Sunday school and Bible class leaders often use the story of Lazarus being raised from the dead to teach that God takes care of the faithful during times of loss and sorrow. When you combine crafts with telling the story, you reinforce the lesson in a fun way that helps learners remember longer and lets them share their learning easily.
Paper Plate Tomb
For a simple project with few required supplies, make a mini picture book from paper dinner and dessert plates. Children paint or color the larger plate to look like a cave tomb, with the figure of Lazarus in the opening. After coloring the smaller plate to look like a large rock, join the two plates with a brad, so that Lazarus appears when the stone rolls away from the front of the tomb. Add a challenge by using tissue paper and glue to embellish the project.
Lazarus Pop-Up Puppet
A bathroom paper cup, craft stick and figure of Lazarus combine to create a puppet for retelling the story. After coloring two pictures of Lazarus to make the front and back views, cut them out and glue them to each side of the craft stick. Children can use their puppet to share the story after they wrap the character in gauze bandages or fabric strips and insert the other end of the stick through a slit in the bottom of the paper cup, which they’ve decorated to look like a tomb.
This project takes a little more time and drawing talent than others do, but the fun is worth the effort. Children draw a series of pictures on small squares of paper, beginning with Mary and Martha looking sad as they mourn their dead brother, Jesus comforting the two sisters, Jesus calling Lazarus to come out of the grave and then Lazarus appearing to the gathered crowd. Each picture should be slightly different than the one before so that the figures appear to move when the reader flips through the stacked and bound pages quickly.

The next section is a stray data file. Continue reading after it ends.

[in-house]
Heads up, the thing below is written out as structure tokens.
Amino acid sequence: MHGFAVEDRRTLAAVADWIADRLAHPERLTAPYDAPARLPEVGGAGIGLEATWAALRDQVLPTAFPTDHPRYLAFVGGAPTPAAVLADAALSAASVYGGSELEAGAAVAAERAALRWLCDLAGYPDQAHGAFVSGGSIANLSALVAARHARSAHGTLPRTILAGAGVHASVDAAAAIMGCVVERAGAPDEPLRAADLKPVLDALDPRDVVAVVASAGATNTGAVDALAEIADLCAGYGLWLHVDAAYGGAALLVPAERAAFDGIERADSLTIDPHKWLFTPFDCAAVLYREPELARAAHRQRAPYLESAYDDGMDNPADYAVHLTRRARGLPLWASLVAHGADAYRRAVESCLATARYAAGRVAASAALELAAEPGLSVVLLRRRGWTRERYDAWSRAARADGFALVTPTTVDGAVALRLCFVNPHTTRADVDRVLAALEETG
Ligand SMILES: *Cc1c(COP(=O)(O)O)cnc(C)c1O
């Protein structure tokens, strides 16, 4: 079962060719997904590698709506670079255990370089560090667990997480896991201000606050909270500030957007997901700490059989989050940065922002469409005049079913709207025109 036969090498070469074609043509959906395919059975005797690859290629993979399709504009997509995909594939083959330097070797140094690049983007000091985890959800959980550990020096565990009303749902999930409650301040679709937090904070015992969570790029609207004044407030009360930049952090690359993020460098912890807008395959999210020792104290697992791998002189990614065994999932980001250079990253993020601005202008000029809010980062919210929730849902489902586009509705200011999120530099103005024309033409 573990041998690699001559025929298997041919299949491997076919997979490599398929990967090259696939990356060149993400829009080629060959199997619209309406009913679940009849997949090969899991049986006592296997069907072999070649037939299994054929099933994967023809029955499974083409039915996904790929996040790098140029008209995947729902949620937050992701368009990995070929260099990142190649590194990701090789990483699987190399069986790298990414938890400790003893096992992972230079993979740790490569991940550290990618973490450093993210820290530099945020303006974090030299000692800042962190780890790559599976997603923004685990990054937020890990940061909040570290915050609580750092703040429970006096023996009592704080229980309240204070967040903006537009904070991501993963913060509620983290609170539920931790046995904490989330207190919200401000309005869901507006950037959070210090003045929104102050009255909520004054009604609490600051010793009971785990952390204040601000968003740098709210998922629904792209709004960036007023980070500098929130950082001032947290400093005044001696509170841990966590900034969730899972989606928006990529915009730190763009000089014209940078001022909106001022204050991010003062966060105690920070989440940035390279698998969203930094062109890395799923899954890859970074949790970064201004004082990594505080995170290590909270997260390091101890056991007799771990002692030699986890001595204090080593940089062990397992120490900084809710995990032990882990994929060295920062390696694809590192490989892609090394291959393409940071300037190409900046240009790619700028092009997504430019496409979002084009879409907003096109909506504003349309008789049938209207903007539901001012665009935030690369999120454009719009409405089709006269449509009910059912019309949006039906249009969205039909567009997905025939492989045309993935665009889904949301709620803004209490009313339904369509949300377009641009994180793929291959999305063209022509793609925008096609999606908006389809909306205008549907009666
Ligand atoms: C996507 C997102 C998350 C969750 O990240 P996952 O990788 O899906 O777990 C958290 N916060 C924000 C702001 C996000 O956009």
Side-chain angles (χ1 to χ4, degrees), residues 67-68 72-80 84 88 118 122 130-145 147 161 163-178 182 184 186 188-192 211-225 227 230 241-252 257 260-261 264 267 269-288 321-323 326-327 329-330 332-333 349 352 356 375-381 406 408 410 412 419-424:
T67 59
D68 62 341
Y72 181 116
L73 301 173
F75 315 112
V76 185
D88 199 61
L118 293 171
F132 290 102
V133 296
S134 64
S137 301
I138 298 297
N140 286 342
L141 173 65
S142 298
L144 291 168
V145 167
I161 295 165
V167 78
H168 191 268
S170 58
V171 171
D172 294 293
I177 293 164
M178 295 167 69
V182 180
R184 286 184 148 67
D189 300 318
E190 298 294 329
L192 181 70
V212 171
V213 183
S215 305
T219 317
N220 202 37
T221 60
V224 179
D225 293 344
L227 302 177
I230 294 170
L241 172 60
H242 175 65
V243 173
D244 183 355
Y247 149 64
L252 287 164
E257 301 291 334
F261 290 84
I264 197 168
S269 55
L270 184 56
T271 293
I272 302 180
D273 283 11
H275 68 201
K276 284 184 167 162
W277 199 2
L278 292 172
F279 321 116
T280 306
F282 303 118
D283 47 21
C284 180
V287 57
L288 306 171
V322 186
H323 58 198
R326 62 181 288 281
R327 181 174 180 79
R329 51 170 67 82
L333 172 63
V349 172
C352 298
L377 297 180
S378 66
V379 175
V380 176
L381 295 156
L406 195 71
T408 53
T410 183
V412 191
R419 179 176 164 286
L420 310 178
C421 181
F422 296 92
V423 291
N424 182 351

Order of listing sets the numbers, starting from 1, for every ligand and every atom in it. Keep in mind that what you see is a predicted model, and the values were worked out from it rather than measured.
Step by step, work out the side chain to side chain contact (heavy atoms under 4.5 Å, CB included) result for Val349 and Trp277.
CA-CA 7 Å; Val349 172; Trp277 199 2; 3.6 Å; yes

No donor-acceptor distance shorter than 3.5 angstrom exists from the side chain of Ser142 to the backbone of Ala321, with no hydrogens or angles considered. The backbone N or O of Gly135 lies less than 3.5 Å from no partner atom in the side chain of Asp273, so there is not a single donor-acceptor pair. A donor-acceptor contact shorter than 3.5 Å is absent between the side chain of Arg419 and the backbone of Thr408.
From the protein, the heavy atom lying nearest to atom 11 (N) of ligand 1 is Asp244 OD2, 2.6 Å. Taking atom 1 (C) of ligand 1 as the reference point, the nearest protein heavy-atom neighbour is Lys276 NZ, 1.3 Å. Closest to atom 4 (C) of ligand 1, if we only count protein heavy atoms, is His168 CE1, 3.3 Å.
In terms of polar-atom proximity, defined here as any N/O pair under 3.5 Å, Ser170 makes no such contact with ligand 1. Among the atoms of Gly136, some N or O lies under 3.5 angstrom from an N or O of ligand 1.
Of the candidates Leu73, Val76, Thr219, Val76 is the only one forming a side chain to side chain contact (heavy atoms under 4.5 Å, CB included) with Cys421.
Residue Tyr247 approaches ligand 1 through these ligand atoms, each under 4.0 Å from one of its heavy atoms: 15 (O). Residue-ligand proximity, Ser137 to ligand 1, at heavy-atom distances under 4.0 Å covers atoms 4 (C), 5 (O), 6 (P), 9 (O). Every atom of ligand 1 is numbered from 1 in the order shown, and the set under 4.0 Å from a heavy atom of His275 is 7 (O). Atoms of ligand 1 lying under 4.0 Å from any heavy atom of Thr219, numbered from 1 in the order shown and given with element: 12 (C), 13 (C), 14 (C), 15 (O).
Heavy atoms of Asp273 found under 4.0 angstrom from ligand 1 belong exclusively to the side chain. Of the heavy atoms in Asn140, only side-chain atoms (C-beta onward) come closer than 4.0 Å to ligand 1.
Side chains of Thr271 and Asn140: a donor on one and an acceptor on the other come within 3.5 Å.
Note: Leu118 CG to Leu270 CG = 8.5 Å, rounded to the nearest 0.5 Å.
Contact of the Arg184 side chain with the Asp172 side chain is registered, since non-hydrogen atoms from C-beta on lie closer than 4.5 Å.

Thumbprint Comic Book
For those who find drawing a little too challenging, thumbprints are an easy alternative for making figures to share the story of Lazarus, Mary and Martha. Using stamp pad ink or tempera paint, crafters make fingerprints for each character, using pencils or pens to add features, arms and legs. For a traditional comic strip, use a grid of boxes or, as an alternative, make an accordion-fold book with a scene on each page.
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